The Elephant Man
The Elephant Man is a beautifully presented production acted by WAAPA’s Third Year Acting Students and featuring the creative talents of Production and Design Students. Not open to the public, The Elephant Man played to fellow students and selected audience members for a short season of matinee performances.
While there are a handful of standout performances, one of the strengths of this production is the fabulous and emotive movement sequences as directed by Movement (and Intimacy) Director Sam Chester. These sections, deliberately theatrical, help establish the era, but more importantly highlight the emotions of the piece, and are expertly designed and executed.
Connor Merrigan-Turner delivers a bravura performance in the title role, playing John Merrick with depth and great conviction. Merrigan-Turner does not use makeup for the role, and we watch as this good-looking young actor, standing in front of a poster of the real Merrick, contorts his body and face into a representation of this greatly afflicted man.
Jay Peardon is also very impressive, bringing layers to the role of Merrick’s doctor Frederick Treves. Another hugely challenging character, this flawed hero is given great life in a mature and nuanced performance.
Mrs Kendal is a wonderful character and extremely likeable as played by Molly Grigg. Well written and expertly portrayed, a lovely portrait of an independent woman. Mrs Kendal is also perhaps the most beautifully clothed by Costume Designer Paris Fitzpatrick, whose gorgeous Victorian costumes, including great corsetry, add so much to the story. Paris Fitzpatrick also designed the simple, elegant set.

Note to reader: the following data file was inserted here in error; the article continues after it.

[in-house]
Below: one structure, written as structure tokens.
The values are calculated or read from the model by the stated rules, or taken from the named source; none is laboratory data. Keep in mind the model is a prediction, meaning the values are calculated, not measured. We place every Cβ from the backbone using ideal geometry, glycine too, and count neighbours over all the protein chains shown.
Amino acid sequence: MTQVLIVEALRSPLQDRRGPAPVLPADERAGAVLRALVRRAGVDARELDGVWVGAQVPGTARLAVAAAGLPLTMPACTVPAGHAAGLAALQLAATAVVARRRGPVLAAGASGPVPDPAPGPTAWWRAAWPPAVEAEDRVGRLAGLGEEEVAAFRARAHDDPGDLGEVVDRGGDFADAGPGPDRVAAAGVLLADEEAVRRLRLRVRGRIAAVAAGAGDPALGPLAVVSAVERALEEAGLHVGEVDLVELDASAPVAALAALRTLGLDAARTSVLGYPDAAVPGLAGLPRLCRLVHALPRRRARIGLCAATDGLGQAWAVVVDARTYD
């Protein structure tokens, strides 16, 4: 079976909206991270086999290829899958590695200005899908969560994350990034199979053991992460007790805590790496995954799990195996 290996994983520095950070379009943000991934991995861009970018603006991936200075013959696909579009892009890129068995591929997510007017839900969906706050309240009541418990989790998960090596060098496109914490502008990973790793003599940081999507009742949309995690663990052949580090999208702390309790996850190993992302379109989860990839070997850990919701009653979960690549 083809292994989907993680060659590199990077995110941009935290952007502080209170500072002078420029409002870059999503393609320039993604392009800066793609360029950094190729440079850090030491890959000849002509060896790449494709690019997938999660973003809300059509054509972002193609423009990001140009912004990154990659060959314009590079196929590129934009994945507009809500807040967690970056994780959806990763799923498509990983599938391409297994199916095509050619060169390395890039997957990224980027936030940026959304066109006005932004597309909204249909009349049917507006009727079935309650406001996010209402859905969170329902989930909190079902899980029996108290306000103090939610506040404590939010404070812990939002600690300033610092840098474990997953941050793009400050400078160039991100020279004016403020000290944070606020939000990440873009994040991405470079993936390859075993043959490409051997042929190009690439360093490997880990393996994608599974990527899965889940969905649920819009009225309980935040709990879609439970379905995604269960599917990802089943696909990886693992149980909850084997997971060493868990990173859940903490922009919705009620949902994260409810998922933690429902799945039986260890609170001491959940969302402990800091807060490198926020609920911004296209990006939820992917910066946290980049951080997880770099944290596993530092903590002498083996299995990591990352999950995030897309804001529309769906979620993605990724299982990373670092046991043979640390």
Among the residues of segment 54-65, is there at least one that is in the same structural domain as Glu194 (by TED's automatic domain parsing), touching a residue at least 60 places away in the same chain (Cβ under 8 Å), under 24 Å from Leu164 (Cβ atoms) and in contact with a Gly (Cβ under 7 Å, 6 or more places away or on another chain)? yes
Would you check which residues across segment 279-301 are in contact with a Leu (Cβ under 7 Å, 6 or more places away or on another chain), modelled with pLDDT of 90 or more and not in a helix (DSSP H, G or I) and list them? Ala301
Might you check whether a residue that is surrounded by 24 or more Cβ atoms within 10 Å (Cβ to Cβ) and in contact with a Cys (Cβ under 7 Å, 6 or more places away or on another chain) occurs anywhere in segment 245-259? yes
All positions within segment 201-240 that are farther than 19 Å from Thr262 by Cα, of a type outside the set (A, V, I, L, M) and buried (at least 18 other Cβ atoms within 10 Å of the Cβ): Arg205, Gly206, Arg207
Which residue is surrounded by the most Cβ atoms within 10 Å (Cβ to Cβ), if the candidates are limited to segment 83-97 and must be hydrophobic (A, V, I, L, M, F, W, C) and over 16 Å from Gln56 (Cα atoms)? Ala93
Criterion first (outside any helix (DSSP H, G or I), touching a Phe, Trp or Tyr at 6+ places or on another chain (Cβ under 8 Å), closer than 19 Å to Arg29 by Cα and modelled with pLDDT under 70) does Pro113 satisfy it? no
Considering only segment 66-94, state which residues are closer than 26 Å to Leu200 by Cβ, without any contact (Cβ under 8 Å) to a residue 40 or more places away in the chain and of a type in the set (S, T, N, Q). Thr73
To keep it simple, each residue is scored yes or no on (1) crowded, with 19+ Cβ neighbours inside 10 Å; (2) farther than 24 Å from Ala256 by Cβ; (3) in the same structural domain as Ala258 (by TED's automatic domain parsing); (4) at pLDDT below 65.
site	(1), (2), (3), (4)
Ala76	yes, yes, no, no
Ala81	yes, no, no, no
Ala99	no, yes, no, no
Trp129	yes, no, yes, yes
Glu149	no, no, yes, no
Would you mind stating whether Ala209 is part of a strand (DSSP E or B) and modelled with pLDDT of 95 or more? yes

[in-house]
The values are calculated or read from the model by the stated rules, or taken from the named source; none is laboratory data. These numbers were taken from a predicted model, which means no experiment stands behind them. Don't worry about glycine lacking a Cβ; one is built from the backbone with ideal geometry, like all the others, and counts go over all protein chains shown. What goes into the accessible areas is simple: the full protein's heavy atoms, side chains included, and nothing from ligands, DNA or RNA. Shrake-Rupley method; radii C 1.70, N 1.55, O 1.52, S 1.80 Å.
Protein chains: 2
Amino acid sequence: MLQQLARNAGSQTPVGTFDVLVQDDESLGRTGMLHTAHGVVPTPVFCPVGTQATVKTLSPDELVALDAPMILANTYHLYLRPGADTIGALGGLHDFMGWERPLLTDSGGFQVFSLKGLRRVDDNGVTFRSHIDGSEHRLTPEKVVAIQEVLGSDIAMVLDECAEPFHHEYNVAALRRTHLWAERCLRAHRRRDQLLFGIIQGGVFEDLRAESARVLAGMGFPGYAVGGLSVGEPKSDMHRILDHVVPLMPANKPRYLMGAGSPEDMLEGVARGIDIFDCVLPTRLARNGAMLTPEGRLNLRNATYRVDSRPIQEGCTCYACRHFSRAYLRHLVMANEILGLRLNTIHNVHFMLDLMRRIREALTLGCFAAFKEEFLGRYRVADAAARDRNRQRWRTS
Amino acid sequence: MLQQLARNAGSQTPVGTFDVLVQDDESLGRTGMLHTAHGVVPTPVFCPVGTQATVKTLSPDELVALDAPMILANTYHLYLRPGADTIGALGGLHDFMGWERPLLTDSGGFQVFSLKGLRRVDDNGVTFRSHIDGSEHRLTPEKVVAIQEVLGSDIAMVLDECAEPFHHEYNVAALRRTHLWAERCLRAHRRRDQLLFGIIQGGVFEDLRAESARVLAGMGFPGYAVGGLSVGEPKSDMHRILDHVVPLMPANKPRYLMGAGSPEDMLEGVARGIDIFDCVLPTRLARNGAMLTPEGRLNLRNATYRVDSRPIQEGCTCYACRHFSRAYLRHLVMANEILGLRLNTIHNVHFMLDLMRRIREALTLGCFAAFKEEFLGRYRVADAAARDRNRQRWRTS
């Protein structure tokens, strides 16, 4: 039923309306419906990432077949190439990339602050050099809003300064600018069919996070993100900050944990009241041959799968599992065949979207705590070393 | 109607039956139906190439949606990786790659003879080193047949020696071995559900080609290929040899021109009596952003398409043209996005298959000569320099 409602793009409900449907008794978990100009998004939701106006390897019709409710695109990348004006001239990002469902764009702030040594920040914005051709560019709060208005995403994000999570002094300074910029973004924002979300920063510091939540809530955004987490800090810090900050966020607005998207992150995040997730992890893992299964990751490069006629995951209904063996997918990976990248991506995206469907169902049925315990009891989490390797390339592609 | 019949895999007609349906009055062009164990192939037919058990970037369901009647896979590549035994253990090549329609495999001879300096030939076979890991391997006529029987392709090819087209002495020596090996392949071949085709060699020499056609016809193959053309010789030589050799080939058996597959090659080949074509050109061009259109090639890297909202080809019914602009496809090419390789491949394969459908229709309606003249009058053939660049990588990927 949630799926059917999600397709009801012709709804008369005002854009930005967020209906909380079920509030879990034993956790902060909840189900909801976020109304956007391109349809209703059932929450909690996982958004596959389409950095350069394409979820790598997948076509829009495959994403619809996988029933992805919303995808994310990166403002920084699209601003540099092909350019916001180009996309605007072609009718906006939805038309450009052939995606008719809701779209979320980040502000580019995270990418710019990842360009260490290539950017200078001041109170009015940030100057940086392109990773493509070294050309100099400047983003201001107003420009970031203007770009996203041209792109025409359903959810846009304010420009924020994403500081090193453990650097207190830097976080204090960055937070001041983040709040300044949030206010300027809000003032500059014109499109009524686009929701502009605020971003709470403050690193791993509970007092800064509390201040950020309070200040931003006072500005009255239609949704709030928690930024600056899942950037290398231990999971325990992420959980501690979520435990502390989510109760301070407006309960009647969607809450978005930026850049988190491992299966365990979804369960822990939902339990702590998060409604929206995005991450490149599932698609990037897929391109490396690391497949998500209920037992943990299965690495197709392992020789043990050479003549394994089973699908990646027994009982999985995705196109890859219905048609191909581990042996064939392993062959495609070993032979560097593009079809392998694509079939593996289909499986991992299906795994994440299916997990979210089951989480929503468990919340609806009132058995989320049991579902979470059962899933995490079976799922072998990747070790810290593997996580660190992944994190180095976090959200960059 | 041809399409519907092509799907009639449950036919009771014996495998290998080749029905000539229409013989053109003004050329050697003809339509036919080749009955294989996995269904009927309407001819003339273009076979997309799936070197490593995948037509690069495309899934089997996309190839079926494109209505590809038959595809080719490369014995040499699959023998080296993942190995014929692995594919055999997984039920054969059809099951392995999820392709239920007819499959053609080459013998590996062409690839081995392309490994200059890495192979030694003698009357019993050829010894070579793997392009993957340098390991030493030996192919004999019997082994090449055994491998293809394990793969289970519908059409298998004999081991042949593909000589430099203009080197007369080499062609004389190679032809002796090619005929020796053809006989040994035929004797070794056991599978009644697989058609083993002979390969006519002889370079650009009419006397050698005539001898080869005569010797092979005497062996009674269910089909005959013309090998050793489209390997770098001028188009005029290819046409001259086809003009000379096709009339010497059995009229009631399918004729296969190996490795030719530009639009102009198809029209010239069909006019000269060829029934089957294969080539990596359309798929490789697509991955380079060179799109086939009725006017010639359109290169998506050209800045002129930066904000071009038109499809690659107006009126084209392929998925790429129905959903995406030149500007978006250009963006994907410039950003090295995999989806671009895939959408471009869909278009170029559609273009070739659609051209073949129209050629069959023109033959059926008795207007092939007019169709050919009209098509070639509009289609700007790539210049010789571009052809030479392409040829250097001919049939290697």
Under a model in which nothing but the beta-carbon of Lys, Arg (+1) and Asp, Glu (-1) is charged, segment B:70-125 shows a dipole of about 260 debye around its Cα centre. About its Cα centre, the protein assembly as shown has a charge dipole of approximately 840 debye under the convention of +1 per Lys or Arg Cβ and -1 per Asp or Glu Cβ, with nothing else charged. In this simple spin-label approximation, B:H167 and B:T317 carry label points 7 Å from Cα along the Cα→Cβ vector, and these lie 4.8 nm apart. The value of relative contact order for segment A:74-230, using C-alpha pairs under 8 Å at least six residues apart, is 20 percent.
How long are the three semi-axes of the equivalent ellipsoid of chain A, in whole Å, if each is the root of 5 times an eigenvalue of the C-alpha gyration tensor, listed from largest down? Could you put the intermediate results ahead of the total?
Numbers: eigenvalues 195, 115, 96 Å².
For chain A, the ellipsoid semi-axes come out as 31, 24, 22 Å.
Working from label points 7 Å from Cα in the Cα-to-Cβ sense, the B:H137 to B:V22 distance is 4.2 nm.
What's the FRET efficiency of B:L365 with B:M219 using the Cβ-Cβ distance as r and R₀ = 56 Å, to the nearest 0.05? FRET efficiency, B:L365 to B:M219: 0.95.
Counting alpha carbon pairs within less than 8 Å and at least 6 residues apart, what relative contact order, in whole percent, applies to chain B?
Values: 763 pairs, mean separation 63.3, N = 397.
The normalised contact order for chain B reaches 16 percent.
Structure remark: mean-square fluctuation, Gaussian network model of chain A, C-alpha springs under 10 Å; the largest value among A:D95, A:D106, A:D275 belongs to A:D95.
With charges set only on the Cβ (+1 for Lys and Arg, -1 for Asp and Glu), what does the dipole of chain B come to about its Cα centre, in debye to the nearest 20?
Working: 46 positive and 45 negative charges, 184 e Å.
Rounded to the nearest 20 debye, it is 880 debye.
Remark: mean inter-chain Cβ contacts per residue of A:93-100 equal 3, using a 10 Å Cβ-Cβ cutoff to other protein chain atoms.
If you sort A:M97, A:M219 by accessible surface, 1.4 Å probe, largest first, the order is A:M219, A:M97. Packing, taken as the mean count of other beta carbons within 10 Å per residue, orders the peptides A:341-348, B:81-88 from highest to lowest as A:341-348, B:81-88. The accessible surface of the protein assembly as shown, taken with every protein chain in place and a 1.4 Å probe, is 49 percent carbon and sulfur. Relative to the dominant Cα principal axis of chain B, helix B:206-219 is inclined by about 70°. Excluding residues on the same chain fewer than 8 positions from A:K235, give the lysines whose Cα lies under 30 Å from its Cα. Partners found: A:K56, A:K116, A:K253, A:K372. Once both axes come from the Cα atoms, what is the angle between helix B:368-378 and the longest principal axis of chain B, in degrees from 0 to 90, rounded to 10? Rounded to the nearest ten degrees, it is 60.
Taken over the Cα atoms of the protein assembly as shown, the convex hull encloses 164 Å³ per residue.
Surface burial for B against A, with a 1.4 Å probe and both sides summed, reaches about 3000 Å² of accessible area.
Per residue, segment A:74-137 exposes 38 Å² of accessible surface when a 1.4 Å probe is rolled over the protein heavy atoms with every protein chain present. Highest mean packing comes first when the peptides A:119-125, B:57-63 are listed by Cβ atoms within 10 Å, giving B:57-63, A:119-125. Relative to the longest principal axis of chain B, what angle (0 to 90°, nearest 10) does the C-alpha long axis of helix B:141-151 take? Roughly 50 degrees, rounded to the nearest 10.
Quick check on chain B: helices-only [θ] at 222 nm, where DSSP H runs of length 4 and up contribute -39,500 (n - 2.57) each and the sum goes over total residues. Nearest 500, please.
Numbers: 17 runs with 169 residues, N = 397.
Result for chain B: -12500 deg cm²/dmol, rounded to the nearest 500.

In smaller but key roles, Lucy Lock is excellent, gender flipping with authority as hospital chairman Francis Carr Gomm; Nicholas Perry brings some interesting light touches to the villainous role of Merrick’s exploitive and thieving manager; Darius Williams brings a thoughtfulness to spiritual advisor Bishop How; and India Goodhand nicely creates two very different roles as nurse Miss Sandwich and Princess Alexandra. The ensemble, playing numerous small roles, is strong throughout, with lovely impact from Domino McCathrion, Joshua Virgona, Joanna Tu, Morgan Dukes, Joseph Tanti, Allegra Monk, Lockie Ranson and Jackson Rutherford.
A significant proportion of the small audience could be heard suppressing sobs, not only due to the performances, but thanks to emotive work from lighting designer Claire Lansom, Composer Arran O’Mara and sound designer Georgia Nicholls, whose care helped harness the emotion of this highly moving play.
Played without an interval, this well-paced, smooth production feels much shorter than its running time. a gift to its small audience and a privilege to see.
Photographer: Stephen Heath